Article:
The Procedure of Slave Trade

The main slave traders were the Portuguese, the Spanish, the English, the Dutch and the French. They found many kings and chiefs in Africa who were willing to provide them with slaves in exchange for European goods. At the same time, there were owners of plantations, mines and manufactories in North and South America who were important buyers of slaves due to the enormous profits that this cheap workforce assured them.

Certain African chiefs organized capture expeditions in order to provide themselves with slaves, or they consi-

[p. 29]

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[Source, map: The illustration shows a section of a world map in black-and-white. Arrows point from Western Europe towards Africa, from Africa to America and back to Western Europe. According to the caption metal wares, textiles, firearms and alcohol were transported from Europe to Africa. Slaves were taken to America from Africa and then sugar, tobacco, rice and cotton were brought back to Europe from America.]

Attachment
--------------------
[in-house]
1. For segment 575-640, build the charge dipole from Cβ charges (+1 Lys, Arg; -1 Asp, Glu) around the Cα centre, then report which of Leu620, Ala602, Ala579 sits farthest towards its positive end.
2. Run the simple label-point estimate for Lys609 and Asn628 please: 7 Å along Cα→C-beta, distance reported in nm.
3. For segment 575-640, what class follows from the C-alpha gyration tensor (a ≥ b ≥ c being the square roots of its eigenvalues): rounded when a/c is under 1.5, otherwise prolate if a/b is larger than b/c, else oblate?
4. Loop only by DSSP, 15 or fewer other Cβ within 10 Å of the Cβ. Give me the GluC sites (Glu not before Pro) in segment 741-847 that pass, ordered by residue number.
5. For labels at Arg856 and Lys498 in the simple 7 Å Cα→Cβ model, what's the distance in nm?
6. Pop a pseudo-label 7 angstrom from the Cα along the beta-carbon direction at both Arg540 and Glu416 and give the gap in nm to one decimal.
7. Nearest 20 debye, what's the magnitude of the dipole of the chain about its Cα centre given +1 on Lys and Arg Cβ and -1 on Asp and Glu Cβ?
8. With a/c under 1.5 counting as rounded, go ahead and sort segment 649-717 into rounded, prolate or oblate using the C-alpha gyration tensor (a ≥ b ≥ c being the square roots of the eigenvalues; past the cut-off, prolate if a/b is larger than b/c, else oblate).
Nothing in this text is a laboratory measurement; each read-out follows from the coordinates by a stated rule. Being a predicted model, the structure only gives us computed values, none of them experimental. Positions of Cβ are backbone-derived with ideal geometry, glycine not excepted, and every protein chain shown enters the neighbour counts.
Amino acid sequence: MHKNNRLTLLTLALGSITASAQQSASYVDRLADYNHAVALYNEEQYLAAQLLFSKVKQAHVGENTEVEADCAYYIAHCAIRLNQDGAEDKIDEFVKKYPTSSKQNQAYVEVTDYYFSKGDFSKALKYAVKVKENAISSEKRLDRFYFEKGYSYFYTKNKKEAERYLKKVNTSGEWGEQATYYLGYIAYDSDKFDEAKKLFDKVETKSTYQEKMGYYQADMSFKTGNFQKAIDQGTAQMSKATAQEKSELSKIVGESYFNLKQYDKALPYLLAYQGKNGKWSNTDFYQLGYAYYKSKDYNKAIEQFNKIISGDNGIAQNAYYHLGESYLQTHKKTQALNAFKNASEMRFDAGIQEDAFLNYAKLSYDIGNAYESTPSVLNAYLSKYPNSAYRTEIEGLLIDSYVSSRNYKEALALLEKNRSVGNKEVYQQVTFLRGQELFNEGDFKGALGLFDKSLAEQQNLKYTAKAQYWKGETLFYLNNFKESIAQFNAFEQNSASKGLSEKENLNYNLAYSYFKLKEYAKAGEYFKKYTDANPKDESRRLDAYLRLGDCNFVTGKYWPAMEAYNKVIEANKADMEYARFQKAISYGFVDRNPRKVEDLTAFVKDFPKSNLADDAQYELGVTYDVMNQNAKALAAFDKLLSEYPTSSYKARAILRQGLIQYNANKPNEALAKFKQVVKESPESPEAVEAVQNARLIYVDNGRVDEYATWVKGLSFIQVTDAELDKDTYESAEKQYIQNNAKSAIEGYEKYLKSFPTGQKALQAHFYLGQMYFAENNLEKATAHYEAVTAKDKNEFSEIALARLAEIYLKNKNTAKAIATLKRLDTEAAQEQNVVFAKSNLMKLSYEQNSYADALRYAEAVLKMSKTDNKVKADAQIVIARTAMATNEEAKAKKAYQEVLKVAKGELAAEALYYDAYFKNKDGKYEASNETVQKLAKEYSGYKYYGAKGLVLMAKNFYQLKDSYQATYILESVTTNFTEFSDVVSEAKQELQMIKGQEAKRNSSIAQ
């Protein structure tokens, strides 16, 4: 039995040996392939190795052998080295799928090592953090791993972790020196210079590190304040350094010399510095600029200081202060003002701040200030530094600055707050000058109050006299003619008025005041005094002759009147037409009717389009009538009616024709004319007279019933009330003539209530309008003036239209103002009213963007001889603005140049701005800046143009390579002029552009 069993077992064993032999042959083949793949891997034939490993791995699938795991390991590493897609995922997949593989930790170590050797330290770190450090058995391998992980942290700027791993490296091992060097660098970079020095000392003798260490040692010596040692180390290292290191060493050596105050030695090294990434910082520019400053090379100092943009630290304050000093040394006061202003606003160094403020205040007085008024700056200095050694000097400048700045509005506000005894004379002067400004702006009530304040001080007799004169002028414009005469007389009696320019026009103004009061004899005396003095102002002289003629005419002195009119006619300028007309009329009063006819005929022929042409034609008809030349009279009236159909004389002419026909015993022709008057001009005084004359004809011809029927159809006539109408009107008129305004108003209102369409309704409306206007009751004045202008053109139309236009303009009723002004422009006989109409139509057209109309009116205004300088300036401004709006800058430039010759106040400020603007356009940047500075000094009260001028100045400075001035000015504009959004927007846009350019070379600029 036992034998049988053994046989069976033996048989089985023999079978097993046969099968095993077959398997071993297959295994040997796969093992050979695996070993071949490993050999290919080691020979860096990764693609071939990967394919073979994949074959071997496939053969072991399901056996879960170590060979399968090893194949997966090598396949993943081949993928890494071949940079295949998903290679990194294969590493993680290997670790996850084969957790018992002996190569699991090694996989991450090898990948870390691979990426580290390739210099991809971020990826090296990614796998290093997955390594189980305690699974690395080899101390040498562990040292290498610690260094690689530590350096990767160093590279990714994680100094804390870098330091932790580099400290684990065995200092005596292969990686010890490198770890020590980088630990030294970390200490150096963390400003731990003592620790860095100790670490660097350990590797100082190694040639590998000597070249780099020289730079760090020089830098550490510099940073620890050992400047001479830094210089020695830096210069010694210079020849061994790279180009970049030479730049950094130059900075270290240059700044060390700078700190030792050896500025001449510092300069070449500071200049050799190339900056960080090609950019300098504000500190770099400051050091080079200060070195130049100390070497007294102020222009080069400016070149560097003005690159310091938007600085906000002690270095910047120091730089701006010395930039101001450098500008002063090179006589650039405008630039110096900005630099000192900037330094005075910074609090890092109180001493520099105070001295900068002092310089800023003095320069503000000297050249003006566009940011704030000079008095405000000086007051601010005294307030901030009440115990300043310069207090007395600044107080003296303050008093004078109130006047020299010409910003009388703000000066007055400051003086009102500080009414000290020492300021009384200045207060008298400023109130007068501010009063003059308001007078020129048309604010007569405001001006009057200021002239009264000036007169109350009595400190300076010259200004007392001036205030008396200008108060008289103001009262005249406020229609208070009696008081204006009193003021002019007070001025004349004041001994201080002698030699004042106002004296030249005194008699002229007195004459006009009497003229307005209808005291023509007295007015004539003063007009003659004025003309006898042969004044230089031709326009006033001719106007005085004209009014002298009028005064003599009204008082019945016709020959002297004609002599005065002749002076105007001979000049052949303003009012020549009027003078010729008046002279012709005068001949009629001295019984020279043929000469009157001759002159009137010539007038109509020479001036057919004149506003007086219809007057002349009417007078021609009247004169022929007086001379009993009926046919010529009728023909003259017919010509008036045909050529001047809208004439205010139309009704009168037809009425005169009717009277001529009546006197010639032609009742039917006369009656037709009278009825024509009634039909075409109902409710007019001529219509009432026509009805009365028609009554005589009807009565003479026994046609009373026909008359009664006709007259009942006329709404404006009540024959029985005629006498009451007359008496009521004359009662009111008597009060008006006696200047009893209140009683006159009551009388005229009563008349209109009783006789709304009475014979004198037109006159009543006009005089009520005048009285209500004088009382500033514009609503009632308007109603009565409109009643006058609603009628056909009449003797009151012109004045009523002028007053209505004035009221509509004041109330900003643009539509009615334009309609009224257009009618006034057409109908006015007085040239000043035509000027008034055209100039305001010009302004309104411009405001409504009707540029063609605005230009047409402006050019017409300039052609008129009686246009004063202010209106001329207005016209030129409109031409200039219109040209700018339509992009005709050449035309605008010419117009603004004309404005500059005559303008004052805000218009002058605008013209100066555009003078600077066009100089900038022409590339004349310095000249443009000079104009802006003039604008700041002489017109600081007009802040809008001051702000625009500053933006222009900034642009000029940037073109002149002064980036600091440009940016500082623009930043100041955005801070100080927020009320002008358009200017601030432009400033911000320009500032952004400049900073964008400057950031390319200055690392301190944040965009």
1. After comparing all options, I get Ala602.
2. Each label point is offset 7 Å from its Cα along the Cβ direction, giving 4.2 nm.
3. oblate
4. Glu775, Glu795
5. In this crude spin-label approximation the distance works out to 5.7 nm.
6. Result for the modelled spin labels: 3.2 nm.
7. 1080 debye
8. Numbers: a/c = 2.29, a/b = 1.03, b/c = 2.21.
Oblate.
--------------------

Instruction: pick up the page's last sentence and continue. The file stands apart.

[Caption:] Triangular commerce

dered prisoners captured from tribal wars as such. All were chained and brought to the coast in order to be sold to the Europeans.

The Europeans brought manufactured goods to Africa, such as clothing, shoes, guns, powder, alcohol and jewelry, which they exchanged for slaves.

The slaves were then sent to America, where they were sold for gold, silver, diamonds, cotton, sugar, tobacco or various other products of commercial interest. These products were then loaded on board the ships that returned to Europe, where their freight was sold. This traffic from Europe to Africa and on to America, returning to Europa, and so forth, formed a triangle, hence the name triangular commerce.

It was an extremely cruel trade. Families were ruthlessly separated, millions of people met